Note that if you change an option to mysqld, it remains in effect only for that instance of the server.
To see the effects of a parameter change, do something like this:

shell> mysqld -O key_buffer=32m --help

Make sure that the --help option is last; otherwise, the effect of any options listed after it on the command line will not be reflected in the output.


Question 10 :

How MySQL Opens and Closes Tables ?

Answer :

table_cache, max_connections, and max_tmp_tables affect the maximum number of files the server keeps open. If you increase one or both of these values, you may run up against a limit imposed by your operating system on the per-process number of open file descriptors. However, you can increase the limit on many systems. Consult your OS documentation to find out how to do this, because the method for changing the limit varies widely from system to system.

table_cache is related to max_connections. For example, for 200 concurrent running connections, you should have a table cache of at least 200 * n, where n is the maximum number of tables in a join.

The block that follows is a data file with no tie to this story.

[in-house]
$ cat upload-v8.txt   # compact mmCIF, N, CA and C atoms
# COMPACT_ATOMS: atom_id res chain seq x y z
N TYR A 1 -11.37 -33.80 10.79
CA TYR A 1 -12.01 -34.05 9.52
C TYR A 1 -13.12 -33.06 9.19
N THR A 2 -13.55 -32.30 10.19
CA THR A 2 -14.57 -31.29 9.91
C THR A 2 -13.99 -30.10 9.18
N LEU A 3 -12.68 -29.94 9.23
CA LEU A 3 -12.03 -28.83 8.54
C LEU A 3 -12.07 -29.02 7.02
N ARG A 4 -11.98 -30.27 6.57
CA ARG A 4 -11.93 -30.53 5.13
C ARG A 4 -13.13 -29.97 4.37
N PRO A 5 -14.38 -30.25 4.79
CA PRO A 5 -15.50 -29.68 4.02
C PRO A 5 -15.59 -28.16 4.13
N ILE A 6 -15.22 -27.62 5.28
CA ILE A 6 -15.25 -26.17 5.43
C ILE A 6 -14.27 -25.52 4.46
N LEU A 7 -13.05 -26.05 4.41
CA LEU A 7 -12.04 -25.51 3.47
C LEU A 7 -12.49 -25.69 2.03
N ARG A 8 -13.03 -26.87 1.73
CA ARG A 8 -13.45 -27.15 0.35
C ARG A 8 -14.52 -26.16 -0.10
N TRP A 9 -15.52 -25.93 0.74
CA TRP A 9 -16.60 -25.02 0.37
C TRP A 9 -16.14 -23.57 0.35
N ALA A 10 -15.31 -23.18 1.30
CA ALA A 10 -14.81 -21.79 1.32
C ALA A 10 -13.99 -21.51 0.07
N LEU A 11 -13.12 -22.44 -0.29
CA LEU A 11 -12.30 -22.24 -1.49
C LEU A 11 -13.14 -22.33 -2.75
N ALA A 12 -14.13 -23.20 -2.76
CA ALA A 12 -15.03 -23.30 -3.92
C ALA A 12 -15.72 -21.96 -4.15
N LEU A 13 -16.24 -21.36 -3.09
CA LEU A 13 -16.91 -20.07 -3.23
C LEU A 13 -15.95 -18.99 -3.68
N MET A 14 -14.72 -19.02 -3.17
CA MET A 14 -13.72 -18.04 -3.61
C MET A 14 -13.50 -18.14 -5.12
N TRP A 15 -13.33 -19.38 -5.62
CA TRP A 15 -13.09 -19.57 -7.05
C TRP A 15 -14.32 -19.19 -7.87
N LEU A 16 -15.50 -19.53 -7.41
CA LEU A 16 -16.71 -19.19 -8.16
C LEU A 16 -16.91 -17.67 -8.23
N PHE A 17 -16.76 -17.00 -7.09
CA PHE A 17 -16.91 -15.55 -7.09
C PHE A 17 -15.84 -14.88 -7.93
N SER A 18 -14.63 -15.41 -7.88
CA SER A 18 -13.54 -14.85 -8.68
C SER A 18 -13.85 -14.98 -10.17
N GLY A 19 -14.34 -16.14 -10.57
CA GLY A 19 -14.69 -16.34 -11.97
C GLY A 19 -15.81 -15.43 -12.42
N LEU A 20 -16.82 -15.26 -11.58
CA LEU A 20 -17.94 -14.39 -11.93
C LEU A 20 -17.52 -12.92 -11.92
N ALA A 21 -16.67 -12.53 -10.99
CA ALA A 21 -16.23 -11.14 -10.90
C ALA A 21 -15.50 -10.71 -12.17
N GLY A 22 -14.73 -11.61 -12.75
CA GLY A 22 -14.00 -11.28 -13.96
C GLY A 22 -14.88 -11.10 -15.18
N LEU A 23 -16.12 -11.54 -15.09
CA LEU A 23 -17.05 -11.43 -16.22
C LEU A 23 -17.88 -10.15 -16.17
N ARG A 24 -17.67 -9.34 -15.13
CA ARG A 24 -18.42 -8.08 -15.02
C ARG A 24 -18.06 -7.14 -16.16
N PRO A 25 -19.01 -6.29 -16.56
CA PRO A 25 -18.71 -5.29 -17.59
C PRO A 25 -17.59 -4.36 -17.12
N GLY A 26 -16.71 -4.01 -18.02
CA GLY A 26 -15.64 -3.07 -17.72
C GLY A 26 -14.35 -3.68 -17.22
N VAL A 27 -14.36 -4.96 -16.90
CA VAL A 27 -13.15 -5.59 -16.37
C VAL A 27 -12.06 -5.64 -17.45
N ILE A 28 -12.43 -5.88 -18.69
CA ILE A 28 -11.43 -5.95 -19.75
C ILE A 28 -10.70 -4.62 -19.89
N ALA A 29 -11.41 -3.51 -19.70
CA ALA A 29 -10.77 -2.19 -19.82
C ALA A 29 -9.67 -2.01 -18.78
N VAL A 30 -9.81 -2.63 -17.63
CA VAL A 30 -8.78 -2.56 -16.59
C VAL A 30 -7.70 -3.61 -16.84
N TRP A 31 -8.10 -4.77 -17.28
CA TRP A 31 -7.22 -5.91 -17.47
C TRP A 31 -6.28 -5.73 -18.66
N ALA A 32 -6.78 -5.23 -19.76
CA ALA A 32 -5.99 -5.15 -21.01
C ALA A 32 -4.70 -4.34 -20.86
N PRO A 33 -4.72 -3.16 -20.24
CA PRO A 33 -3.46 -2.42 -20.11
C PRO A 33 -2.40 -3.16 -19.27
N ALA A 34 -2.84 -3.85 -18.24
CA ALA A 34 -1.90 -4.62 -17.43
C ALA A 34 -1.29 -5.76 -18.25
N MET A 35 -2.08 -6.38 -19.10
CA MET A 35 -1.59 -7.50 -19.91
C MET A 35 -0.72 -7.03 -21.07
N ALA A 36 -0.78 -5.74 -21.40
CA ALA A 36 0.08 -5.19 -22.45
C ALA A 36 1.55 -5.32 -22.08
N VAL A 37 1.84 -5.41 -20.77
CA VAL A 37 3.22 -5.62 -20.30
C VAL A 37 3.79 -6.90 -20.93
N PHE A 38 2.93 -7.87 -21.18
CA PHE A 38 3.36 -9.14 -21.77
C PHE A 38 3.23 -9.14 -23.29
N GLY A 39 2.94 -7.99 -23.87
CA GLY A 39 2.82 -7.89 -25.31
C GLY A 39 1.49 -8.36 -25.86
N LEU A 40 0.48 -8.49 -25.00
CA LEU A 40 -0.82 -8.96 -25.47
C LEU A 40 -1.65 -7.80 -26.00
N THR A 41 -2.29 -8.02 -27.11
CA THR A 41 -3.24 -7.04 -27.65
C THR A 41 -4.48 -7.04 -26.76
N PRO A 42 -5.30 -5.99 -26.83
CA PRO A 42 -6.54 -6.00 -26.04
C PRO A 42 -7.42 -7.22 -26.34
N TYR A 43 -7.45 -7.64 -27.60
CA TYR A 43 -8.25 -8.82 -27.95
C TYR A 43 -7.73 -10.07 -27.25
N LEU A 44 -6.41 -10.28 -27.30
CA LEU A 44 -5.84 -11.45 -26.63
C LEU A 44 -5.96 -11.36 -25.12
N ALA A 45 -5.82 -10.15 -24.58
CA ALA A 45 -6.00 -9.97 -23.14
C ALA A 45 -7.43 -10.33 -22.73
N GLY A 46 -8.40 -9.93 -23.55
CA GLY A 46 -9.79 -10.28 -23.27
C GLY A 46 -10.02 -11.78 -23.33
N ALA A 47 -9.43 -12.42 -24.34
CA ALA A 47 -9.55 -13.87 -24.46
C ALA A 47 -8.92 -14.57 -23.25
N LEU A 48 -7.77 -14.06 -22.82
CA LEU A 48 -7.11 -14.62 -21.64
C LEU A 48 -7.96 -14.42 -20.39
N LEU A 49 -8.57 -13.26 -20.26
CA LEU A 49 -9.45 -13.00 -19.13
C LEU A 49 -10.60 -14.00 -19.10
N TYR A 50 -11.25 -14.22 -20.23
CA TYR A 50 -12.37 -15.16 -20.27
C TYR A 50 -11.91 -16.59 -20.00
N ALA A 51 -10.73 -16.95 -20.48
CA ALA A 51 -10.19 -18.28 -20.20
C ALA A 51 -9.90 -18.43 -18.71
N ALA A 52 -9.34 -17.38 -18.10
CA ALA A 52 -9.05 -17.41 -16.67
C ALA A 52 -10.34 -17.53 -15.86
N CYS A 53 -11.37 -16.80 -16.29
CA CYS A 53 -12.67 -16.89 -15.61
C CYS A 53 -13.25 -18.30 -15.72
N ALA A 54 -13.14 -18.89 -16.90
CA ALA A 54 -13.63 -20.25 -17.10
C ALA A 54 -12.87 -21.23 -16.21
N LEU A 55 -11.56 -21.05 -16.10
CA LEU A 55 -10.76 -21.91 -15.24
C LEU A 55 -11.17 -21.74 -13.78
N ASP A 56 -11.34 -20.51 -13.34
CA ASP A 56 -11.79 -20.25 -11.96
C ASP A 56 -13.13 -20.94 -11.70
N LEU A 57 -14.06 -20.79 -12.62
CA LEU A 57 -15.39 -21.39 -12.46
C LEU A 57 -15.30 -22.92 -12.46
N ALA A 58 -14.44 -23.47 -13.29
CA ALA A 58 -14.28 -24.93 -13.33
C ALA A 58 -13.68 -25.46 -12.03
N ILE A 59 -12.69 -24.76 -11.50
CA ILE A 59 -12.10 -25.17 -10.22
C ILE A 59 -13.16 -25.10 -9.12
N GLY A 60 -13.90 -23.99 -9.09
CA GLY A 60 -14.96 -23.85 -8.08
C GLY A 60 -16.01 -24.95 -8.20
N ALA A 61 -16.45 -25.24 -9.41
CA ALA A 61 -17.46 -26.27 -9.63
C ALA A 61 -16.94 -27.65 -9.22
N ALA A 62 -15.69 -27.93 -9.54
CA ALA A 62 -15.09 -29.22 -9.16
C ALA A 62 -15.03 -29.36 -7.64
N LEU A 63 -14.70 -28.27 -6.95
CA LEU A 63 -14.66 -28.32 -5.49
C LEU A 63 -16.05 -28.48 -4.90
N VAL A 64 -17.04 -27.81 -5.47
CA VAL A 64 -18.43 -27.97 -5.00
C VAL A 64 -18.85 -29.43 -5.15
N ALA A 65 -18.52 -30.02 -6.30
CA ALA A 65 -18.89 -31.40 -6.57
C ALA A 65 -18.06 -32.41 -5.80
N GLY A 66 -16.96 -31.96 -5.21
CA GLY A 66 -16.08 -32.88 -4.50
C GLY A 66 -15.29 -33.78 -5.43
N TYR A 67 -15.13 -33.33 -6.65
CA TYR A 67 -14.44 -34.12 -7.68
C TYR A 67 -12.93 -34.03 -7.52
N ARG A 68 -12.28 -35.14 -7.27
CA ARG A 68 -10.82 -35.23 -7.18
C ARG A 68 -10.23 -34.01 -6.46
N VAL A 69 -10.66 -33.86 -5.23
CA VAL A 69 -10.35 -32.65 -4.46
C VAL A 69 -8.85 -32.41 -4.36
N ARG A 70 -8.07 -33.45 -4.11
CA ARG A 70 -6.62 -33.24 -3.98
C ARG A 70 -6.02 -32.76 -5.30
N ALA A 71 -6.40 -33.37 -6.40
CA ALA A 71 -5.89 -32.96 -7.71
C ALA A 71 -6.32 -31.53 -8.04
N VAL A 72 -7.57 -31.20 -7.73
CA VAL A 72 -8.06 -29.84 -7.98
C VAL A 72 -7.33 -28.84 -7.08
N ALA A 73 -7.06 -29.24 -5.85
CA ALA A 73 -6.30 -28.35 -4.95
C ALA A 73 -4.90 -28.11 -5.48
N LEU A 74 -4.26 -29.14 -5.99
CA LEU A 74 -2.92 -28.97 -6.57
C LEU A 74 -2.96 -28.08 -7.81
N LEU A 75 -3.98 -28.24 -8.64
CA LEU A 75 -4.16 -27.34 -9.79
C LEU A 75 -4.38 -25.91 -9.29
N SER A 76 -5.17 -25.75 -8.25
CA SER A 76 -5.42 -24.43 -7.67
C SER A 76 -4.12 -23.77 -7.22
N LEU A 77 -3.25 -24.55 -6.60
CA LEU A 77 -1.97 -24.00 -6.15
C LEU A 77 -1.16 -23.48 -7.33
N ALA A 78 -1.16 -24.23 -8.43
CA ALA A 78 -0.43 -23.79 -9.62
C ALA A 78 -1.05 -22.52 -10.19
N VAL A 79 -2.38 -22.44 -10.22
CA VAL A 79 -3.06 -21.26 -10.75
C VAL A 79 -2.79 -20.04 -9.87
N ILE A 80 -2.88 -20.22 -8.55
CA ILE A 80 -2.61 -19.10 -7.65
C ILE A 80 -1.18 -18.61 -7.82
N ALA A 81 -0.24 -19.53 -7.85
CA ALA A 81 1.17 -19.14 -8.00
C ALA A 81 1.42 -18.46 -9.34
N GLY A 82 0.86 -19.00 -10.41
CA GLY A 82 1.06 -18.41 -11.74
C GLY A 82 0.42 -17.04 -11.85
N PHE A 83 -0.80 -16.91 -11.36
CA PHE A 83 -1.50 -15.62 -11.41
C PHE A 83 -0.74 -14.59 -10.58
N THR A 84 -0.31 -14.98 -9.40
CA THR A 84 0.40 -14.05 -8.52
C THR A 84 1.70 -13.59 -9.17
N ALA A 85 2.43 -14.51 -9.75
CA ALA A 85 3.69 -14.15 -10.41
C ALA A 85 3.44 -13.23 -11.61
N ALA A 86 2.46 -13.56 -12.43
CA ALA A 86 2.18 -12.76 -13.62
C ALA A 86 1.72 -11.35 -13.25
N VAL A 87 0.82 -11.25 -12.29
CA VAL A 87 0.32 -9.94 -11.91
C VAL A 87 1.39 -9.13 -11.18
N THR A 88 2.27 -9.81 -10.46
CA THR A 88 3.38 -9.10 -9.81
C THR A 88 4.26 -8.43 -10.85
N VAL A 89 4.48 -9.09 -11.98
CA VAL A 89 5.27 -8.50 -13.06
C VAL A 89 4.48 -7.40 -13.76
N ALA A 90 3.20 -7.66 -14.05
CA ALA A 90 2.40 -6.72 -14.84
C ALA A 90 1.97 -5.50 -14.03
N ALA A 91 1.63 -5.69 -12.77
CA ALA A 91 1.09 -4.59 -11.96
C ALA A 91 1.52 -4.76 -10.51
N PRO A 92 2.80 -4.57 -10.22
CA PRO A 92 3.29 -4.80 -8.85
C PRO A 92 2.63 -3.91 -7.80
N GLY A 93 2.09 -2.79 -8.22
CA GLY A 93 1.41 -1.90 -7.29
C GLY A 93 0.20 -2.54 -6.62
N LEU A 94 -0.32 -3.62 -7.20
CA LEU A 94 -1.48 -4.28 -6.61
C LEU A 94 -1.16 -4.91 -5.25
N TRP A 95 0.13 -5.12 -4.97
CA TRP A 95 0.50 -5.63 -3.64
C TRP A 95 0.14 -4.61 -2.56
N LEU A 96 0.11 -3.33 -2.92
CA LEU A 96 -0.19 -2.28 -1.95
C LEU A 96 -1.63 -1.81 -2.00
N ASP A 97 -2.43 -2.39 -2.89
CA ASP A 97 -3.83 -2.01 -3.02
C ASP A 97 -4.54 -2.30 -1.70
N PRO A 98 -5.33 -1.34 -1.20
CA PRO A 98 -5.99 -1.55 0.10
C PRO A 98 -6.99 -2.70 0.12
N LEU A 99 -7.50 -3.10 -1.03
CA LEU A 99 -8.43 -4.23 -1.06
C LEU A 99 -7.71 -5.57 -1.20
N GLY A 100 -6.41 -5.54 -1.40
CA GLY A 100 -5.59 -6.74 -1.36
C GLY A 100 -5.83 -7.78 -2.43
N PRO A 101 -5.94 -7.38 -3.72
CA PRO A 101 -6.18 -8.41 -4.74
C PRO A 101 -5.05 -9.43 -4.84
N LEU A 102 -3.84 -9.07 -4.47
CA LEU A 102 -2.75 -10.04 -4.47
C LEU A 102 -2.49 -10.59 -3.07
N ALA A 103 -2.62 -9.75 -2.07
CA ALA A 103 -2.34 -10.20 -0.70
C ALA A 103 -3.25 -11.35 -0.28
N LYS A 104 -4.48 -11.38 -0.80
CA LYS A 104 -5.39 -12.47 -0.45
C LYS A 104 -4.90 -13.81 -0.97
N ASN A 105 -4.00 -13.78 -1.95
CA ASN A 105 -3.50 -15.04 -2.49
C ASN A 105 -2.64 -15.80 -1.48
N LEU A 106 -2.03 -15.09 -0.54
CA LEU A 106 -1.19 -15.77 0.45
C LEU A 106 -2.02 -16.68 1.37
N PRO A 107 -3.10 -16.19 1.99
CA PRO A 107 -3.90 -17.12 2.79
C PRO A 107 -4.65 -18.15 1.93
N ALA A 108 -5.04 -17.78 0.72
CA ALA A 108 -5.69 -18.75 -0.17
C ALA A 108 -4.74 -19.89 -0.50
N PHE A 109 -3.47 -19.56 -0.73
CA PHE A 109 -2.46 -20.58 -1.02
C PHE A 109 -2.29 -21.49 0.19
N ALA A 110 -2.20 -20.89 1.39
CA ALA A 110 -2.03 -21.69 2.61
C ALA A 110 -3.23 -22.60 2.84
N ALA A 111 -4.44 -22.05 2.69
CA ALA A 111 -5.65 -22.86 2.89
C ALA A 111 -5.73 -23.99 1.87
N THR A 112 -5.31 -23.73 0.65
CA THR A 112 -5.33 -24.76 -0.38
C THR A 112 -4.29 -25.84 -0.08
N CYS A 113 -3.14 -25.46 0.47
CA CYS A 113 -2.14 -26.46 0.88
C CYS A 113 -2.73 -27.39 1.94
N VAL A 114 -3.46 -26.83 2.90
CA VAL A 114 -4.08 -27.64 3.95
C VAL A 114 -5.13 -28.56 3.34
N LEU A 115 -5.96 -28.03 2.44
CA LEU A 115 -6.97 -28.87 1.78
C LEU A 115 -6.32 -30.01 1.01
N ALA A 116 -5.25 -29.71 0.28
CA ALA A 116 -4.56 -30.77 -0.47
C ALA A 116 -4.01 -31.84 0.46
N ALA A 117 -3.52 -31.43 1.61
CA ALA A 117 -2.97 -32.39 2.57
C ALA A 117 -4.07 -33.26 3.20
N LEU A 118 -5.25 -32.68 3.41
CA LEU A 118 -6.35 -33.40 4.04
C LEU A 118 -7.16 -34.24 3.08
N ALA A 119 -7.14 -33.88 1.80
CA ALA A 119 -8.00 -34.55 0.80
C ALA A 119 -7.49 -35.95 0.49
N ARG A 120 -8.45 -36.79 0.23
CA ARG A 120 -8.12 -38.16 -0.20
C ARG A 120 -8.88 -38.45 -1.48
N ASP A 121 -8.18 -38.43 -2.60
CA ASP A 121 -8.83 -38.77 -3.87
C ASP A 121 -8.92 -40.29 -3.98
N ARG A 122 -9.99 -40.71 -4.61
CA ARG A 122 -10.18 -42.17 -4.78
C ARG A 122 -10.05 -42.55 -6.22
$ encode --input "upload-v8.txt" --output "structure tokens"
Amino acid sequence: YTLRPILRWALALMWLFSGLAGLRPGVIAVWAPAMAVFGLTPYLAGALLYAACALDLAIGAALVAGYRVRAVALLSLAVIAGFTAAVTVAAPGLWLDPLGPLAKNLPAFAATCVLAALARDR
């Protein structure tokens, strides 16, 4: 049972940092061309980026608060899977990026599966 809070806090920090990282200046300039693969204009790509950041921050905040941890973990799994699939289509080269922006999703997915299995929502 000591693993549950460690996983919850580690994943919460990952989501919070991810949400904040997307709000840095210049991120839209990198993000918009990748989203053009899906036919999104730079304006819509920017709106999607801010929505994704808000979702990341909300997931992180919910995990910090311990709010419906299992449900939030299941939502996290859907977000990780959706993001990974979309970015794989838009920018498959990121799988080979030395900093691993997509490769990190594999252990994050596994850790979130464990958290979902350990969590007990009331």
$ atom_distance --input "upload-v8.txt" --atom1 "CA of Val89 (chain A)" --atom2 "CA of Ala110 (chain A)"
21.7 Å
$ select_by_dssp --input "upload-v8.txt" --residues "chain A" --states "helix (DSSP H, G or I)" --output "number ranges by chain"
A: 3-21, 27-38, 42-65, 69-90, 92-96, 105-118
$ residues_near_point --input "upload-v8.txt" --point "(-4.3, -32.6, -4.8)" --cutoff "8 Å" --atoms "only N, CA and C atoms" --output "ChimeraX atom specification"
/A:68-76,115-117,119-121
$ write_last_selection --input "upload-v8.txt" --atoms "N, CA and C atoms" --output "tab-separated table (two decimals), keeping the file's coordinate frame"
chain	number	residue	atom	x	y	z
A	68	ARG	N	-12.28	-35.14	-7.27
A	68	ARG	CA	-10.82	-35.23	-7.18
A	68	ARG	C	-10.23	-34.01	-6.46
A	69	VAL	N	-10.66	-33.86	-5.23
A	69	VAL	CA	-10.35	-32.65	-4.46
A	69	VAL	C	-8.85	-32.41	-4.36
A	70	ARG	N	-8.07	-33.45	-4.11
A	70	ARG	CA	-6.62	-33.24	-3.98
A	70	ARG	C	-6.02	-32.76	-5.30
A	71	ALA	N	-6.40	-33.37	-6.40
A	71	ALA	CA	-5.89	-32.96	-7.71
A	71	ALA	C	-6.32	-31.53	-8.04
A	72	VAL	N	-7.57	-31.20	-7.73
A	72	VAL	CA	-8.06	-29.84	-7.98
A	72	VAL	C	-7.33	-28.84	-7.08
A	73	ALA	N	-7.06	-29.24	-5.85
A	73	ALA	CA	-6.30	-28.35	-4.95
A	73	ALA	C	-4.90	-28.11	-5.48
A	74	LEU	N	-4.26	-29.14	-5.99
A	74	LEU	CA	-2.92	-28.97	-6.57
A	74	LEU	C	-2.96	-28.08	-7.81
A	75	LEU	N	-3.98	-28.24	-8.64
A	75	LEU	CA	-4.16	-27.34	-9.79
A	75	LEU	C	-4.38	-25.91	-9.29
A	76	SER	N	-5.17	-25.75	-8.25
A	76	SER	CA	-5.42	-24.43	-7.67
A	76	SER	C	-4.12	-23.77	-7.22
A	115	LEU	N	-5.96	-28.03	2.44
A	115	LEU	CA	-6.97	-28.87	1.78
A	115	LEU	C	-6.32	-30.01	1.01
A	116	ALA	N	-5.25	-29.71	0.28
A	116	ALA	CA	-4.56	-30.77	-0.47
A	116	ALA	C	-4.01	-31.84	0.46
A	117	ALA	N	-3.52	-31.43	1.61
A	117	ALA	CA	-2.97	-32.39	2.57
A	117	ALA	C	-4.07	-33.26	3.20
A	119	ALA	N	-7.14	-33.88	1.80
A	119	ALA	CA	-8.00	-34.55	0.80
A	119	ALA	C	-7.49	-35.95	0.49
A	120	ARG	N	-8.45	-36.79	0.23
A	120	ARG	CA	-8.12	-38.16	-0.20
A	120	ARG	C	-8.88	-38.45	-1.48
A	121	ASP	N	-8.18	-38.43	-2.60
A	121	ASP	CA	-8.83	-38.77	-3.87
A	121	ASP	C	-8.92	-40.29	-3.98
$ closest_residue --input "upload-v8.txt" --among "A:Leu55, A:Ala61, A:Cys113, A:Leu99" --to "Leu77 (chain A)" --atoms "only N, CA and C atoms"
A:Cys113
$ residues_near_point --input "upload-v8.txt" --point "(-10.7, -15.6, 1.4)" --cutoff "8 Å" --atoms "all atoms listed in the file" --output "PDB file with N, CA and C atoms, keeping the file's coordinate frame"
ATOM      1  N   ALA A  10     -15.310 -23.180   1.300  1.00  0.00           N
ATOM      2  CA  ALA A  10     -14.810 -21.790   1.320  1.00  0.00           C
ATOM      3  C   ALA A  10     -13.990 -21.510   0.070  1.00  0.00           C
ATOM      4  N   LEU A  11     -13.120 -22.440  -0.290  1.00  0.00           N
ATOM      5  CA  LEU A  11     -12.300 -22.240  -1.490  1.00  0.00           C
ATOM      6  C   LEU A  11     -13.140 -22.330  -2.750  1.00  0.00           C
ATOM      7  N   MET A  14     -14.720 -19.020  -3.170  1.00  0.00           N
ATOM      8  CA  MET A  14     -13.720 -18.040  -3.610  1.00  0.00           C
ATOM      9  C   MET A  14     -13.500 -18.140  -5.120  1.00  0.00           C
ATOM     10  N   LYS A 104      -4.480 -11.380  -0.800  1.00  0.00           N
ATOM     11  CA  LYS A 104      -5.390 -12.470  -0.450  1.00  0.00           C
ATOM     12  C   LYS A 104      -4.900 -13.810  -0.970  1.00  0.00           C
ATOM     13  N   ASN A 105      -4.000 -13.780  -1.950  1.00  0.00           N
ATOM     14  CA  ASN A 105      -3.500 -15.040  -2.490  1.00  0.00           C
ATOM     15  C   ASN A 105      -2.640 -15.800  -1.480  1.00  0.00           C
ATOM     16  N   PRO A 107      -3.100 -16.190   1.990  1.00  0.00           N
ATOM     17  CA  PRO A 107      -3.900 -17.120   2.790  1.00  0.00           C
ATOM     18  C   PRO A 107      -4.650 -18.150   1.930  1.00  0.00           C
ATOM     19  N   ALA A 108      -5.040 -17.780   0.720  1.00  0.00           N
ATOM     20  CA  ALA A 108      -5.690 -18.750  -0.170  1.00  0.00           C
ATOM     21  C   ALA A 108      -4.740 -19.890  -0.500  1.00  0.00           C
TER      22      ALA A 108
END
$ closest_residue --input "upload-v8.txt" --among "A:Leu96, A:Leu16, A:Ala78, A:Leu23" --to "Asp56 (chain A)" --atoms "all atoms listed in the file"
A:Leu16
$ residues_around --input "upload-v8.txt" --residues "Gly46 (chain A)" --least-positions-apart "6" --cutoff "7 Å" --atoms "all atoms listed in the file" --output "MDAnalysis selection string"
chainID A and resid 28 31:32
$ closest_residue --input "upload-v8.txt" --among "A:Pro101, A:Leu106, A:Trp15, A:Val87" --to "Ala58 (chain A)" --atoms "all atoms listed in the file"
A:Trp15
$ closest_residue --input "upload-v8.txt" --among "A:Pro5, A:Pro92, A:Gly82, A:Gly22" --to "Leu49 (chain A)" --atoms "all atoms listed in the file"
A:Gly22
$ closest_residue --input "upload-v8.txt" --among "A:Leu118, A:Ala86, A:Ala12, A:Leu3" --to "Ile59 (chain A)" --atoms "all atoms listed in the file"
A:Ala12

The cache of open tables can grow to a maximum of table_cache (default 64; this can be changed with the -O table_cache=# option to mysqld). A table is never closed, except when the cache is full and another thread tries to open a table or if you use mysqladmin refresh or mysqladmin flush-tables.

When the table cache fills up, the server uses the following procedure to locate a cache entry to use:

Tables that are not currently in use are released, in least-recently-used order.
If the cache is full and no tables can be released, but a new table needs to be opened, the cache is temporarily extended as necessary.
If the cache is in a temporarily-extended state and a table goes from in-use to not-in-use state, the table is closed and released from the cache.
A table is opened for each concurrent access. This means that if you have two threads accessing the same table or access the table twice in the same query (with AS) the table needs to be opened twice. The first open of any table takes two file descriptors; each additional use of the table takes only one file descriptor. The extra descriptor for the first open is used for the index file; this descriptor is shared among all threads.

You can check if your table cache is too small by checking the mysqld variable opened_tables. If this is quite big, even if you haven't done a lot of FLUSH TABLES, you should increase your table cache.